Another place I’m active is Twitter. Some weeks ago, the allowed number of characters was doubled from 140 to 280. Having had the chance to try it out for a while, I’m ambivalent about the change. On the one hand, a sense of Twitter’s core identity has been lost as you’re no longer forced to find inventive ways to comply with the cap. On the other hand, the relaxed limit comes into its own when I’m advertising our Hotchpotch open-mike events, and it’s now possible to squeeze in all the core points without relying on users clicking the link to our Facebook page.

As well as WordPress, here’s a summary of the places you can now follow me: Google+, Instagram, Tumblr and Twitter.

But what about offline activities? There have been plenty of these happening too.

On Thursday, I was invited to a St Andrew’s Day celebration at the Dundee Maggie’s Centre to read Scottish poetry. My friend Erin Farley had pointed me towards, among others, a poet called Violet Jacob from the county of Angus. It was a challenge to read work written in her dialect, but I found it an ultimately rewarding experience.

On Friday, Erin was part of a line-up telling stories related to food while the audience enjoyed soup and bread; hers was a folk tale from Shetland. This event was held in the library – not a place where food and drink is normally encouraged – as part of Book Week Scotland. I wish I’d been able to take part in more events over the week, but it overlapped with NaNoWriMo and then I needed to complete tasks that I’d put off because I was writing.

I could go on for pages and pages about Saturday, but the condensed version is that I met the author Brandon Sanderson in Edinburgh and bought his short story collection Arcanum Unbounded. Unlike the two friends who came with me, I’m new to his Cosmere, the universe in which all his sci-fi novels are set. When I mentioned this, he pointed out which stories I should read first. He seemed such a genuine man and I can’t wait to start reading.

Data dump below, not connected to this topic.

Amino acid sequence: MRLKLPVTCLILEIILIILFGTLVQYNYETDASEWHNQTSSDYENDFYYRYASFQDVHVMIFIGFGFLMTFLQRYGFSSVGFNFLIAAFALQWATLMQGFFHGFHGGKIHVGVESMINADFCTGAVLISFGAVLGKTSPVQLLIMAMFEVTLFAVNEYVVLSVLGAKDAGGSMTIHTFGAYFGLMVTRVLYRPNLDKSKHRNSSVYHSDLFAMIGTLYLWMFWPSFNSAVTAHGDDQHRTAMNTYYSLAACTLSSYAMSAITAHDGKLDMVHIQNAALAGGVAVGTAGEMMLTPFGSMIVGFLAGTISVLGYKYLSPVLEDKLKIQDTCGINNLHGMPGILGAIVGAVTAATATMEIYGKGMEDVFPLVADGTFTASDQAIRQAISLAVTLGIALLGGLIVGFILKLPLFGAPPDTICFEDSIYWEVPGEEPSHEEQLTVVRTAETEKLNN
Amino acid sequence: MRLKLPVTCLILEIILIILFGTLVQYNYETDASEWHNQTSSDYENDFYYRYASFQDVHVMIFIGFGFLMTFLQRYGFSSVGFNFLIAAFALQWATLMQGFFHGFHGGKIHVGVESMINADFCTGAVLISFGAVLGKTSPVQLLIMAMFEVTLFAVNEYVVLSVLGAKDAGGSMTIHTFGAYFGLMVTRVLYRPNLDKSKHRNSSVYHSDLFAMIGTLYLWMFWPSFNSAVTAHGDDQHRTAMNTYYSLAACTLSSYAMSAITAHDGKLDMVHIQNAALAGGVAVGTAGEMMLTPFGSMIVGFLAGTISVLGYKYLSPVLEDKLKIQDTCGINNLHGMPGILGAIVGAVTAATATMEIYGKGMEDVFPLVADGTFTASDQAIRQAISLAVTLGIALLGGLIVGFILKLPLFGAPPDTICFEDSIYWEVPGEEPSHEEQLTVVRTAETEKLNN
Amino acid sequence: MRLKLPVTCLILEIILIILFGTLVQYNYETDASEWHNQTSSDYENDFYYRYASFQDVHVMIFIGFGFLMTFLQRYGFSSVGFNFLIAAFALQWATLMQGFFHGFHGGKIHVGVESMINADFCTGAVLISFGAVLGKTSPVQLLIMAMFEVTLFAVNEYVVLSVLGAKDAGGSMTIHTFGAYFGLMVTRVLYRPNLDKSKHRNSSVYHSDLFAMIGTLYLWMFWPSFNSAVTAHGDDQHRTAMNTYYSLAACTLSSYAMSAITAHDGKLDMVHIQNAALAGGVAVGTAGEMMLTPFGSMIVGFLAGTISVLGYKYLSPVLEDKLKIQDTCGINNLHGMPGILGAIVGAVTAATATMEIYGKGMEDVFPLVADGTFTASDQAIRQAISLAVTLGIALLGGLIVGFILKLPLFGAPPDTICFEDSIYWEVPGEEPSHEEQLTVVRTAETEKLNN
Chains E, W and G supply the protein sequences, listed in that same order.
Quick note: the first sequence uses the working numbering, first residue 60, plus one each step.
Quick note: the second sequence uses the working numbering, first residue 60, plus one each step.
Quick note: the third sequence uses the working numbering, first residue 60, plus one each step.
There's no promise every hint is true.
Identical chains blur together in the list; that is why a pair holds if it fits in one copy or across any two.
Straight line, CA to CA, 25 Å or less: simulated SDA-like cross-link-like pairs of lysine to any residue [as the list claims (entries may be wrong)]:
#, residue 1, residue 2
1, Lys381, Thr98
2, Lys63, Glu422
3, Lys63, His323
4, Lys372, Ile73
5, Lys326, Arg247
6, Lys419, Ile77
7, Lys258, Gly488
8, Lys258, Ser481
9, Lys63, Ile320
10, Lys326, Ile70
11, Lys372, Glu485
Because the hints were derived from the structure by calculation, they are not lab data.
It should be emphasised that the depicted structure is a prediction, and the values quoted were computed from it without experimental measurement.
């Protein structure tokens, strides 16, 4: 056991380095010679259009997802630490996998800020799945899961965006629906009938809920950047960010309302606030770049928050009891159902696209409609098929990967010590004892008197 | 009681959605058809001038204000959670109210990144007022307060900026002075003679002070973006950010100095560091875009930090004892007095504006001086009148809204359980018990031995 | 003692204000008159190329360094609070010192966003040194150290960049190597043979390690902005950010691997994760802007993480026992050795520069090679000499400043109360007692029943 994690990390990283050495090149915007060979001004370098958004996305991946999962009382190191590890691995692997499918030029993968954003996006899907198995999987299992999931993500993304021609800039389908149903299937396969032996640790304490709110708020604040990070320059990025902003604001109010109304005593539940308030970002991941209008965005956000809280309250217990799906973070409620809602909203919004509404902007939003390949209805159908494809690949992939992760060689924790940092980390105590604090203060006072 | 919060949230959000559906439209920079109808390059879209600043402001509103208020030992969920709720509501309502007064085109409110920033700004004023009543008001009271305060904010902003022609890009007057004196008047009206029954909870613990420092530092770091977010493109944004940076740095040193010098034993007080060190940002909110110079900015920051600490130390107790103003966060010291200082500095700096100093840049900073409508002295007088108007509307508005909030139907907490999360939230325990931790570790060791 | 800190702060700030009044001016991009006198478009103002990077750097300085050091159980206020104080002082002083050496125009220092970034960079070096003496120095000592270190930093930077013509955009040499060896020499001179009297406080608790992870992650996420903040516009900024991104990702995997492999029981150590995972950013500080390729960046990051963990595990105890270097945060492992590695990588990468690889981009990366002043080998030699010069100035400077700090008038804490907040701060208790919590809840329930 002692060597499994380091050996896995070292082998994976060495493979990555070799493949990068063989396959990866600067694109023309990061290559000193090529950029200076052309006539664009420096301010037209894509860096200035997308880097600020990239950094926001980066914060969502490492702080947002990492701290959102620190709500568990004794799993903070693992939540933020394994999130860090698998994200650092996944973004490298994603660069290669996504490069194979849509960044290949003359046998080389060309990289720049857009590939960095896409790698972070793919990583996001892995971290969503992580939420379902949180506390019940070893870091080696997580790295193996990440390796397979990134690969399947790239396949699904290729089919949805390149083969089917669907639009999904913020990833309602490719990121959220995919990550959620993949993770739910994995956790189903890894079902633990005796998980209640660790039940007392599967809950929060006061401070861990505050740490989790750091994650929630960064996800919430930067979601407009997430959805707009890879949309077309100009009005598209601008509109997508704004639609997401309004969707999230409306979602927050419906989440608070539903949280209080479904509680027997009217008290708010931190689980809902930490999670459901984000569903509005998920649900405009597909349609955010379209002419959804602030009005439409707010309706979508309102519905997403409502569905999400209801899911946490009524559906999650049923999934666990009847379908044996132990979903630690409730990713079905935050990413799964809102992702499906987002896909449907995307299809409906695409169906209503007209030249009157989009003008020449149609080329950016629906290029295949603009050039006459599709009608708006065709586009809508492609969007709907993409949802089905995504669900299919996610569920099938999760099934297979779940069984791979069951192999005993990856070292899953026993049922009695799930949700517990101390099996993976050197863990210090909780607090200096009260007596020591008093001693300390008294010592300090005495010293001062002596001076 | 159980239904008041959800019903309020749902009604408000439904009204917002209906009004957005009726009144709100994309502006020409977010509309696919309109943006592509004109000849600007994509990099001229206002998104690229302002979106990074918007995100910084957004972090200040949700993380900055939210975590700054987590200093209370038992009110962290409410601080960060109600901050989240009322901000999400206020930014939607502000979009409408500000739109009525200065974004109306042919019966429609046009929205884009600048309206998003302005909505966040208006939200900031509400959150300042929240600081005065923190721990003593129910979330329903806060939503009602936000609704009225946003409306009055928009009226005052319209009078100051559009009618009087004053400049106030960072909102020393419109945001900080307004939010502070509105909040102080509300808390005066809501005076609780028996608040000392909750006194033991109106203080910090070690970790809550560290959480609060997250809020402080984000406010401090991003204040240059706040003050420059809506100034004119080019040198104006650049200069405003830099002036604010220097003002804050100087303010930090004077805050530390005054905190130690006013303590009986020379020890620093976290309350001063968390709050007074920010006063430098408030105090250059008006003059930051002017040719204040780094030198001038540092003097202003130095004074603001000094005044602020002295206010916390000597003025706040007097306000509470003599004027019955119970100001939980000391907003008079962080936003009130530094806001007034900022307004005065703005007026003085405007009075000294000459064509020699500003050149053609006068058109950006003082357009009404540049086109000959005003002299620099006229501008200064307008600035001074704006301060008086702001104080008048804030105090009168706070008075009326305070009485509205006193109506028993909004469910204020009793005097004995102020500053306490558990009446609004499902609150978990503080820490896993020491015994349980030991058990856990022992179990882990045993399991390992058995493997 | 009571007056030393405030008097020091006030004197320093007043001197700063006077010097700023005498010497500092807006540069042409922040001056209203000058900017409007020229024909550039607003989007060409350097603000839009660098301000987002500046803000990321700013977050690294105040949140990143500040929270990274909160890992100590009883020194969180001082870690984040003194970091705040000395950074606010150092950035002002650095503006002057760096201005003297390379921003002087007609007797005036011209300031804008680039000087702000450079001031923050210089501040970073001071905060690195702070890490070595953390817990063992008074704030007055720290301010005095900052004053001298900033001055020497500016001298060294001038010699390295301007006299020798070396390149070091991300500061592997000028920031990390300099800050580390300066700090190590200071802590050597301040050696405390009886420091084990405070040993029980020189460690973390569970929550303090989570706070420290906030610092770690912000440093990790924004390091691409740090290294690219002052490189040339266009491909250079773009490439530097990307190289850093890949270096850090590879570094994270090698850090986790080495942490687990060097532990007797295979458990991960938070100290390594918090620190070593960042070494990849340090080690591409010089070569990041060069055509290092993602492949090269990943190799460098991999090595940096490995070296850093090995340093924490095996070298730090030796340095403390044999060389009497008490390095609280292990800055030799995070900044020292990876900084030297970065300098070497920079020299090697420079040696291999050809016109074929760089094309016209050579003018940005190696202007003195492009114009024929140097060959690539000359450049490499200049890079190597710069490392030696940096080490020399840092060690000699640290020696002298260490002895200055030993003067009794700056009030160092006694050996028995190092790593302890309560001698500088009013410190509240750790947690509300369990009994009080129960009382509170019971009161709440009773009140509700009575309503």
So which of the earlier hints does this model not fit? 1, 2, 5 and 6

And yesterday, a little light-hearted relief at the University of Dundee as I watched the LIP Theatre Company present their retelling of the classic Cinderella tale in If the Shoe Fits. A hilarious, highly self-referential treat.

Further To…

As National Novel Writing Month draws to a close, I thought I might have run out of steam by now.

English: NWP teachers at work.
English: NWP teachers at work. This photo has little relation to the entry; I just like the guy’s hat. (Photo credit: Wikipedia)

On the contrary, I hit a turning point in my novel on Saturday, a remarkable 25 days into the contest. I now have a new structure that I’m pleased with, and I’m more excited than ever to commit it to paper. The downside is that the new structure incorporates little of the material I’ve already written, so what I have now is effectively a 40,000-word collection of character sketches.

It therefore looks like I’ll be continuing this project during December as I don’t want to let the momentum trail off.

What I actually planned to do in December was to turn a certain public-domain novel into a screenplay; as far as I can tell, nobody has done it before with this book. It’s waited more than one-and-a-third centuries, though, so a few more months of delay won’t make much difference.

Finally, you might remember I made an entry regarding my experience of understanding the Scots and Dundee dialects; it was called Fluent in 1½ Languages. Since then, some brainbox at the University of Abertay has shown that understanding the Dundee dialect is as good as knowing a second language.

Breathing Space

On Thursday, I spoke at an open-mike night jointly held by two groups from the University of Dundee: the Feminist Society and the LGBT+ Society. I’d spoken at the previous one and enjoyed the experience.

English: Malin Jakobsson med spoken word-texte...
This person was not involved with the event; she’s here for illustrative purposes only. (Photo credit: Wikipedia)

There were a number of fantastic readers who tackled a range of themes. I have a few poems on the subject of gender, but I instead opted for another topic: mental health. However, it was around me looking at the health of friends and acquaintances and being unsure exactly what to do.